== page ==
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7.3 Professional organizations Types

In America, professional organizations of Teacners have three types

1. State Education Associations

2. Local Education Associations

3. World Confederation of Organizations of the Teaching Profession (WCOTP)

1. State Education Associations

State education associations have been chiefly responsible for almost every gain in public education which has resulted from legal enactments. There are, of course, exceptions to his generalization.State education associations have led in efforts to secure adequate financial support, to bring about larger administrative school units, to institute equalization of educational opportunity, and to obtain teacher welfare provisions. They have served as effective instruments of professional growth of their members. State education associations speak for the organized profession before the state legislature, state departments of education, and meetings of lay organizations; they defend their members against unjust dismissals or unfair treatment; and they present viewpoints of the profession to the people.

The first state education association was organized in Alabama in 1840. Since that time all other states have organized such an association—the last one to do so having been Delaware in 1919. In 1955 the total membership of teachers in state and territorial associations was slightly more than 1 million about 90 percent of the total number of teachers employed.The state associations are usually affiliates of the National Education Association. Statewide meetings of these associations are generally of three types:

1. Those for all members who wish to attend(14 states)

2. Those for member of the delegate body and any other members who wish to attend (13 states)

3. Those exclusively for elected delegates (7 states)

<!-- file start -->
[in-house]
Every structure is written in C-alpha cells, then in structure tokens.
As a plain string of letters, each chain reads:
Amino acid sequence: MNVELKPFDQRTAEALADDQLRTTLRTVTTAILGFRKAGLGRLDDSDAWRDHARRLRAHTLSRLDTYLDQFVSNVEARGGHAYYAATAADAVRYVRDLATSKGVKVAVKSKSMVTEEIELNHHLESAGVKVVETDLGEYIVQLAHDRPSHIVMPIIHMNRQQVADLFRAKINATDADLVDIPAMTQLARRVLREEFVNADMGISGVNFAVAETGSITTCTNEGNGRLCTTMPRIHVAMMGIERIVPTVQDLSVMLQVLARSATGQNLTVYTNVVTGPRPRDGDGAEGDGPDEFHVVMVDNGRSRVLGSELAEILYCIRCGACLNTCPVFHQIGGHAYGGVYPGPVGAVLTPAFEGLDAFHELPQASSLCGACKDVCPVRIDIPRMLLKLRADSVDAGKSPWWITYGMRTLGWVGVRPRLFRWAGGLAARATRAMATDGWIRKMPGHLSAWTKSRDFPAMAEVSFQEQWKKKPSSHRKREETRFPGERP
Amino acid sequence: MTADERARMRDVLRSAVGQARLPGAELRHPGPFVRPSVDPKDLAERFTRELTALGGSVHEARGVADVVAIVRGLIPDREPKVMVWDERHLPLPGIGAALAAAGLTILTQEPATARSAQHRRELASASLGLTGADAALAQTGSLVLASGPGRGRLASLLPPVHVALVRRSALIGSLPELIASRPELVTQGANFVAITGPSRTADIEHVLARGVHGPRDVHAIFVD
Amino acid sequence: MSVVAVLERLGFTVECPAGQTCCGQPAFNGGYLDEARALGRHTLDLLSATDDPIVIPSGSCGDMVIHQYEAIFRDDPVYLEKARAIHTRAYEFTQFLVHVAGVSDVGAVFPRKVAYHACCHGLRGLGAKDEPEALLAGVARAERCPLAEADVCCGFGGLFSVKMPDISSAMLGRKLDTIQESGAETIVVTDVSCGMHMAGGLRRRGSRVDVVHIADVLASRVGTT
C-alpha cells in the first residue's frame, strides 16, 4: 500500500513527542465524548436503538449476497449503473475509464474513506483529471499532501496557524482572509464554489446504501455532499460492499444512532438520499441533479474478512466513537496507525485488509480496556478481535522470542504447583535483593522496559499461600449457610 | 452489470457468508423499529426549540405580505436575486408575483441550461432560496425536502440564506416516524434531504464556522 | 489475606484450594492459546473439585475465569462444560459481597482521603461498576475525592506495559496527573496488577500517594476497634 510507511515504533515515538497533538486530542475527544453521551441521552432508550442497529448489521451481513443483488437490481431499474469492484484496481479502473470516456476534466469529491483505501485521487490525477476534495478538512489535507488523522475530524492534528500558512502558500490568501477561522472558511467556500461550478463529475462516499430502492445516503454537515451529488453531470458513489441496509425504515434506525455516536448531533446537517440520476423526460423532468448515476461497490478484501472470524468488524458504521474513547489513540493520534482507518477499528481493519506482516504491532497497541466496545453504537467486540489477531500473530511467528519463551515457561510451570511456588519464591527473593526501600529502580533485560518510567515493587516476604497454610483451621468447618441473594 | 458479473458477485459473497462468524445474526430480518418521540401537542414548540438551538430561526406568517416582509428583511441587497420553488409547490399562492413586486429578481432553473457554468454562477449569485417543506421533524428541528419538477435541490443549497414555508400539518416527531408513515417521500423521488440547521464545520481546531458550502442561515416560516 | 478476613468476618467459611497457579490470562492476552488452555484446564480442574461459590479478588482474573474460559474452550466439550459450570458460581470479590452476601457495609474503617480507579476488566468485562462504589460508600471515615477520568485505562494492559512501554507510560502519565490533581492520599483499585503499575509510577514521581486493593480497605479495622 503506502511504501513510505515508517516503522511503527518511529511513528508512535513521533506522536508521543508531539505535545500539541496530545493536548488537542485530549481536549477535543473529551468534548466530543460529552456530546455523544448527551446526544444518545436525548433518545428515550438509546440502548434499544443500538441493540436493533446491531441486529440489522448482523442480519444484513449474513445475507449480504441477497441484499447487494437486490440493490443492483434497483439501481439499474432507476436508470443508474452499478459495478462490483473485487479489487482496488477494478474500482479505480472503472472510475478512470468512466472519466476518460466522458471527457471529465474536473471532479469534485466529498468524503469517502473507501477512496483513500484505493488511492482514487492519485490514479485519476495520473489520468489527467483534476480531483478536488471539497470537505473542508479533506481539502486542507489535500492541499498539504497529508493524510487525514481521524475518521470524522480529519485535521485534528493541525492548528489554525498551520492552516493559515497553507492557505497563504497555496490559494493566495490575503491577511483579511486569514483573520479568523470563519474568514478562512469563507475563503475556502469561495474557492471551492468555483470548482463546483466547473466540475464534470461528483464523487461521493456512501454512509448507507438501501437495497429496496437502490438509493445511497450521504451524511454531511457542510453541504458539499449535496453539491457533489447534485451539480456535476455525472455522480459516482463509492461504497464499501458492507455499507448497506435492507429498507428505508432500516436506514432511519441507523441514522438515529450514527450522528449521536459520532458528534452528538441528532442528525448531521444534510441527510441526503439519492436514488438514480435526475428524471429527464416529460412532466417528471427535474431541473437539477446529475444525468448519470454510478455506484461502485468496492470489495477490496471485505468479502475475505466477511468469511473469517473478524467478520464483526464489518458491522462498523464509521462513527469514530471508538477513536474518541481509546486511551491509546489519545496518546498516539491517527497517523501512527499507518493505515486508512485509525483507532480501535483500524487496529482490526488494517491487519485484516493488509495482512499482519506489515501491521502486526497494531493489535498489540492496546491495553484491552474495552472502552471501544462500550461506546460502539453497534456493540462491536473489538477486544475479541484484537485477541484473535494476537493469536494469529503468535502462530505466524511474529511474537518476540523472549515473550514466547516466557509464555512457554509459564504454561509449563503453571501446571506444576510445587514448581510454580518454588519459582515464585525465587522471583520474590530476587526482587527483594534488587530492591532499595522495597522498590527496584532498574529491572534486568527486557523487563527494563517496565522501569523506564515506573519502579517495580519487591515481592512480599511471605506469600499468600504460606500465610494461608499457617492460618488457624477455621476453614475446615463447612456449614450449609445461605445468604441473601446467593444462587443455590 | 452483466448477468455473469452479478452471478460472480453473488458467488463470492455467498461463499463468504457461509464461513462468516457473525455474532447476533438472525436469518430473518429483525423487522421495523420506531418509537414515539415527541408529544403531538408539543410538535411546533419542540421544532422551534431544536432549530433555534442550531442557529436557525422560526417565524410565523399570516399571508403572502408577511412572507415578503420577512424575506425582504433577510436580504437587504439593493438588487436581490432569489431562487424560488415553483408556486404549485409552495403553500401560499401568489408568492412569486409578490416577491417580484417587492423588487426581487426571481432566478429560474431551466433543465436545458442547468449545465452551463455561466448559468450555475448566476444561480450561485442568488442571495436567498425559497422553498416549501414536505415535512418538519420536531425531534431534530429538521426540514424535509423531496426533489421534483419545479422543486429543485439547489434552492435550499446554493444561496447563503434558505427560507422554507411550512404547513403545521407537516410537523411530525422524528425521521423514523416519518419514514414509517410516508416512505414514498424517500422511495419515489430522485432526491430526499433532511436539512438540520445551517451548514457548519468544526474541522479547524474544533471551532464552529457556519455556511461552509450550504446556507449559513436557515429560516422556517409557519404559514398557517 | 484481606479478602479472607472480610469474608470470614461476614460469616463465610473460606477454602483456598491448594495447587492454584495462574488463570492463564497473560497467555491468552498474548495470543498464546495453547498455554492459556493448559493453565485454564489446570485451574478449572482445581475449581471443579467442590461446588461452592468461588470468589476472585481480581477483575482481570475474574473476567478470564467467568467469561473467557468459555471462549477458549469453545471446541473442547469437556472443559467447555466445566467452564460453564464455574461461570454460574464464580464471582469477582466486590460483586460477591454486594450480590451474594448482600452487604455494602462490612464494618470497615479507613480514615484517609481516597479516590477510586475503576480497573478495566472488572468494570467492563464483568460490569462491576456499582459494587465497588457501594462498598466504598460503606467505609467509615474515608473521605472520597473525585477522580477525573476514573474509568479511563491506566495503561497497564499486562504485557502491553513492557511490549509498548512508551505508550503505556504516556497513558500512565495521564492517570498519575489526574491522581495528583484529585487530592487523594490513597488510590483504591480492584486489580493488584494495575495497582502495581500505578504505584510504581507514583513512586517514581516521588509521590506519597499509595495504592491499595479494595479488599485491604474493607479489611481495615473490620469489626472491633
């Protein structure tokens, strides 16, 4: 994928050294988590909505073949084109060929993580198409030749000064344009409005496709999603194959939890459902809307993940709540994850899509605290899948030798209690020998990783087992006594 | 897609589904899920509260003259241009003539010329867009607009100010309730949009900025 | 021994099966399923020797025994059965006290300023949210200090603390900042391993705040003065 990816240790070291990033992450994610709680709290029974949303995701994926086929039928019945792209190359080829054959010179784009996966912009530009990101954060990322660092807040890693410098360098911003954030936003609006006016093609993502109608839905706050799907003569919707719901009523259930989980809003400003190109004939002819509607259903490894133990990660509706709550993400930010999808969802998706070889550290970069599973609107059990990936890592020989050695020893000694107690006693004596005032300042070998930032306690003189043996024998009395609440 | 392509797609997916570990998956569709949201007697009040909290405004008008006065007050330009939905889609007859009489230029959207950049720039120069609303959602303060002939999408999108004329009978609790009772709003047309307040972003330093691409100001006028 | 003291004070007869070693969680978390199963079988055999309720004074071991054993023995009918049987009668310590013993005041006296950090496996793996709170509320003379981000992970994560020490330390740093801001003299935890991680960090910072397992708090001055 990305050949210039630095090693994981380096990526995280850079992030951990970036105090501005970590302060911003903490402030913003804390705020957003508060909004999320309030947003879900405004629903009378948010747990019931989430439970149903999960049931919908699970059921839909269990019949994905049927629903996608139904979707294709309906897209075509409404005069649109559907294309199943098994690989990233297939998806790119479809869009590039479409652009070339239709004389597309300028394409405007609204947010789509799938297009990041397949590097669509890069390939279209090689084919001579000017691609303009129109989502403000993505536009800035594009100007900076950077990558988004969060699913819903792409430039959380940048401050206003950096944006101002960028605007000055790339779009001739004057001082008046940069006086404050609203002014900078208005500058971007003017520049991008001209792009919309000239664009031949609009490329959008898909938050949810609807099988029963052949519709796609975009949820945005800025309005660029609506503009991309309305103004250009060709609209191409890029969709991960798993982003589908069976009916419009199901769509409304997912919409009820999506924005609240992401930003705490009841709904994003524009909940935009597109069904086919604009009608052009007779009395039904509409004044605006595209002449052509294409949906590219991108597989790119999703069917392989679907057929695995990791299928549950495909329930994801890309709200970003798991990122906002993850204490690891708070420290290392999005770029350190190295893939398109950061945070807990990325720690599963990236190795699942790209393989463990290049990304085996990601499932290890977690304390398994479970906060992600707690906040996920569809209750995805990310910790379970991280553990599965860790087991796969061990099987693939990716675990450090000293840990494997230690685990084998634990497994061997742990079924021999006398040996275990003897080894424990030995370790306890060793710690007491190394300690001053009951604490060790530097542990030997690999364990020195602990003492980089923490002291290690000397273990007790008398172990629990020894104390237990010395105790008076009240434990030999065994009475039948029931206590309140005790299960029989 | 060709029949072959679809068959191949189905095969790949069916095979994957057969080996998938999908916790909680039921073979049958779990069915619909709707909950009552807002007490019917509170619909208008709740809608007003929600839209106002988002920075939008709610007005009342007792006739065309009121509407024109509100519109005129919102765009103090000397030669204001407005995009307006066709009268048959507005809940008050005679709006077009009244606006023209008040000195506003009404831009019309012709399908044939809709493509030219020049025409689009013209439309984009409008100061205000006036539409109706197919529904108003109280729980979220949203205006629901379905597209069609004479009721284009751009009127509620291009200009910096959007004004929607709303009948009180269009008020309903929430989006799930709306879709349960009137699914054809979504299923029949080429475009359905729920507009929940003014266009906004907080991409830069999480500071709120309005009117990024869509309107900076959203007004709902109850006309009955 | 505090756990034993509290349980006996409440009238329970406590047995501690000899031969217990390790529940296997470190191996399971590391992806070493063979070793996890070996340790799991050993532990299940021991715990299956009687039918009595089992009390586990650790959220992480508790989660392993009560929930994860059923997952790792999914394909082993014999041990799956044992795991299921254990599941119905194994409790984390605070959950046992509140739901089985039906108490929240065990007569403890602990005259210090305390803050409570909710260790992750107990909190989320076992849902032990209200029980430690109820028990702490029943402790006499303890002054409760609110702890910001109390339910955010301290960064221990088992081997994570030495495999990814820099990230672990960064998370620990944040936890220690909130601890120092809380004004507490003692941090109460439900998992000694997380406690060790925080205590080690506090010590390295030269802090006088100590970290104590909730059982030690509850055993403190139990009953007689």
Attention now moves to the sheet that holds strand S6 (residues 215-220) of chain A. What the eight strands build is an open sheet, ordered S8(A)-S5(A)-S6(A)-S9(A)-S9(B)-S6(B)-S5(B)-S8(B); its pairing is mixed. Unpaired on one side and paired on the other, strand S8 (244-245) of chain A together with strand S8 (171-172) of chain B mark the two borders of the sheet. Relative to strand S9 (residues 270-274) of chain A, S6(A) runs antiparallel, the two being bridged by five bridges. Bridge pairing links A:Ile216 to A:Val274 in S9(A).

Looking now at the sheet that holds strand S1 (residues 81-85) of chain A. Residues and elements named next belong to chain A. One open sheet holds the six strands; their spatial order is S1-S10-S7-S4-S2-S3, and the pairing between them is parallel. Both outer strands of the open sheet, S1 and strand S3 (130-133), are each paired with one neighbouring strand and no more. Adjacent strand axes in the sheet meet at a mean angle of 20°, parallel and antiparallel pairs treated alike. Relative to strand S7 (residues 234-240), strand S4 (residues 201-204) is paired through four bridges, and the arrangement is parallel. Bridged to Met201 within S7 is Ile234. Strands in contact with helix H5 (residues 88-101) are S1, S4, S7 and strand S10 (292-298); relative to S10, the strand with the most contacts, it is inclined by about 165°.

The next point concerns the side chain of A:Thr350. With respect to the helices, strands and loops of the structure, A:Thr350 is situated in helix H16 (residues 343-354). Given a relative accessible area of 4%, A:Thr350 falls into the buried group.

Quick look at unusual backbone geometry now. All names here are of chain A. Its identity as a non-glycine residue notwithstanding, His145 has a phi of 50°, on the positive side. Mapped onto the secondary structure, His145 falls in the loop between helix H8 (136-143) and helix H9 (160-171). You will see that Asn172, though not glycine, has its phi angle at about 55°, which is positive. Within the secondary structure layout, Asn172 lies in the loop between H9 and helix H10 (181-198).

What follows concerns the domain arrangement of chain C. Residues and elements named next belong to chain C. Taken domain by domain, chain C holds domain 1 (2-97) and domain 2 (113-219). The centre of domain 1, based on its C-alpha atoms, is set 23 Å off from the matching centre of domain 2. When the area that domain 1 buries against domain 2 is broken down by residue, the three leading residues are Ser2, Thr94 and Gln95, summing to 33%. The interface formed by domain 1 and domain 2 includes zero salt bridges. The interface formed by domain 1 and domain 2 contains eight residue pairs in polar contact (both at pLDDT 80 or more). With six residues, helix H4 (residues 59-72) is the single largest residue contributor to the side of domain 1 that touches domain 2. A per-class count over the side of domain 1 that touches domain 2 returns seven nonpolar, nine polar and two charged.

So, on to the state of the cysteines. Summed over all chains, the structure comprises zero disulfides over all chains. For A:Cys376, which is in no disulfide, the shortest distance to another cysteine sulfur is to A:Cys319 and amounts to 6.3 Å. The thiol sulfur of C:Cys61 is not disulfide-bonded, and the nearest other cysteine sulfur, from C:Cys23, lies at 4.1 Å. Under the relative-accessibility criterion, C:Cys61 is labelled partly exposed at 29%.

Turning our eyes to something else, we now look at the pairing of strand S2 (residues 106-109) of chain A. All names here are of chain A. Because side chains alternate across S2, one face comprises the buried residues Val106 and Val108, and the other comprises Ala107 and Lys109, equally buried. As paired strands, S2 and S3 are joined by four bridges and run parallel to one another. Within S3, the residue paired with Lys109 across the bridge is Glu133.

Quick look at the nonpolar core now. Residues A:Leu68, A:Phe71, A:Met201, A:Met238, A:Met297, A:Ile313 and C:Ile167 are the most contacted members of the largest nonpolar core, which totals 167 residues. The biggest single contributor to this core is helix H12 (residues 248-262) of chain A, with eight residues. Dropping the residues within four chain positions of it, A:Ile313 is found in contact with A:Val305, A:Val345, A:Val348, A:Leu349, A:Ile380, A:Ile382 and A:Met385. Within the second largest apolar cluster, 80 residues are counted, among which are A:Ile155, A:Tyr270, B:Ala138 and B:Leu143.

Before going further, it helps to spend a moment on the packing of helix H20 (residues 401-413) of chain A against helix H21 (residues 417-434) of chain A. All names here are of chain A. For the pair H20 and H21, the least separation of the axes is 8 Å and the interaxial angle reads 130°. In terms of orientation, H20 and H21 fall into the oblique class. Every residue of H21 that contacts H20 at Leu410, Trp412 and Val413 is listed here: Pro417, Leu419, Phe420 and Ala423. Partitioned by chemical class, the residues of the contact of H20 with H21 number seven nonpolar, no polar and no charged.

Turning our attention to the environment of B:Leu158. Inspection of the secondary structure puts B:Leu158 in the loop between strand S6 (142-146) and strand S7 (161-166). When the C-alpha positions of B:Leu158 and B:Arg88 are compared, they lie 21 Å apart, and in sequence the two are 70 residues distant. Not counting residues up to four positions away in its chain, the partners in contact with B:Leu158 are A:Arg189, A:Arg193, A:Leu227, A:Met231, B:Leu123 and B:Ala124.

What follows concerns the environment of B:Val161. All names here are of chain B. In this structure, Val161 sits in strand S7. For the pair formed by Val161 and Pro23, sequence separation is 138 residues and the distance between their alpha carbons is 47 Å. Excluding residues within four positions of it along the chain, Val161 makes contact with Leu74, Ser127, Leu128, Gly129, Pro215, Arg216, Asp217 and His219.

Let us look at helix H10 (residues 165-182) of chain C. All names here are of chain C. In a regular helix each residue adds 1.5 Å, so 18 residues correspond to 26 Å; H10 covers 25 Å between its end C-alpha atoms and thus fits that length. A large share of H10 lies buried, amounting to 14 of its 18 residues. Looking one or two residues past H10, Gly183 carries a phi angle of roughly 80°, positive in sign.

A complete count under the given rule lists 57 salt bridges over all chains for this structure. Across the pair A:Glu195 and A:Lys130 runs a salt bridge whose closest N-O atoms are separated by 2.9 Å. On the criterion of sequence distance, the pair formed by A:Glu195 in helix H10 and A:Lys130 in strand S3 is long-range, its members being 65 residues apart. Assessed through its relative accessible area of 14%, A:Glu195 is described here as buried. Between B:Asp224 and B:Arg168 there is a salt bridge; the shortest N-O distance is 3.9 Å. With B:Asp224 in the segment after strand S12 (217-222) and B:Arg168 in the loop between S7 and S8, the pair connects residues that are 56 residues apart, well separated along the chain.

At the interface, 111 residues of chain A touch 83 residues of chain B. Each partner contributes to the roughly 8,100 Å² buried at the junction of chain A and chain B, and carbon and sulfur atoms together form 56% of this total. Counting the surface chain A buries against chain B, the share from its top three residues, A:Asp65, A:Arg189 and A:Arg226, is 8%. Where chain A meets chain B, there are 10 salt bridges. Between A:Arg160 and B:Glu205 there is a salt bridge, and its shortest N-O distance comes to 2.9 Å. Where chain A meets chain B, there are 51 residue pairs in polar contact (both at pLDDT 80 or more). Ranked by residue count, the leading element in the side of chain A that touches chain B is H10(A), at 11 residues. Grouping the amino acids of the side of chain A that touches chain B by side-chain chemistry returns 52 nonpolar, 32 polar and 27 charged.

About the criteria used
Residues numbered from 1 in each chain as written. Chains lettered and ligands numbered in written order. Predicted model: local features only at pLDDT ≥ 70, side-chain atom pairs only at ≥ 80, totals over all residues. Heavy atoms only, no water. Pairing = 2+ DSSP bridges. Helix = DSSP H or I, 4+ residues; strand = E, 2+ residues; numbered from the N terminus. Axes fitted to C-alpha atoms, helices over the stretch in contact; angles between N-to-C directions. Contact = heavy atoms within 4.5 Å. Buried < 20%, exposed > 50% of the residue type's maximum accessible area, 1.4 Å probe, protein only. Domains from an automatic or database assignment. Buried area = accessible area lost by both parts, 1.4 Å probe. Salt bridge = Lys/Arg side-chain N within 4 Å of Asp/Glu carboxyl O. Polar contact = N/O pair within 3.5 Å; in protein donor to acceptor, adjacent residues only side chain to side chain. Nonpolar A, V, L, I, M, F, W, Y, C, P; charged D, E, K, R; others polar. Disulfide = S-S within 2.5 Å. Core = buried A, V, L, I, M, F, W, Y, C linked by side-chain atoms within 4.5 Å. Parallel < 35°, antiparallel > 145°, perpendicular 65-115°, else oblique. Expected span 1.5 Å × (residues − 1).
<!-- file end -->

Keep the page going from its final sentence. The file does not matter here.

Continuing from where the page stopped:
Several states hold annual district conventions which all members may attend.

The overall policy organization of the state association is usually a delegate body which meets annually and upon special call of the officers of the association. While much of the work is done by committees, the delegate body usually sets policy, approves resolutions, suggests constitutional changes, nominates officers, and carries on the business of the association. The work of the organization between meetings of the delegate body is usually carried on by an executive committee with an executive secretary directly responsible for administering the program.The services of state associations usually include:

4.The publication of a professional journal, newsletters, legislative and other bulletins

5. Making available the results of educational research

6. Providing field and public relations services for the membership, such such as help on salary scheduling, leadership training, radio and television programs, and many others

7. Teacher placement services— in a few states

8. Legislative research and services are provided at the state and national levels

2. Local Education Associations

Local education associations are the oldest of the three levels of teacher organization. Often spoken of as the grassroots” unit it is in many respects the most effective of all three-local, state, and national. It is here that each teacher gets an opportunity to be heard; it is here that the voice of education gets its freest expression; and it is here that professional leadership is first recognized and developed.The National Commission on Teacher Education and Professional Standards list six types of “local associations”:

9. Those units which include all teachers in a small school district or in a city school district that includes all teachers employed by one school board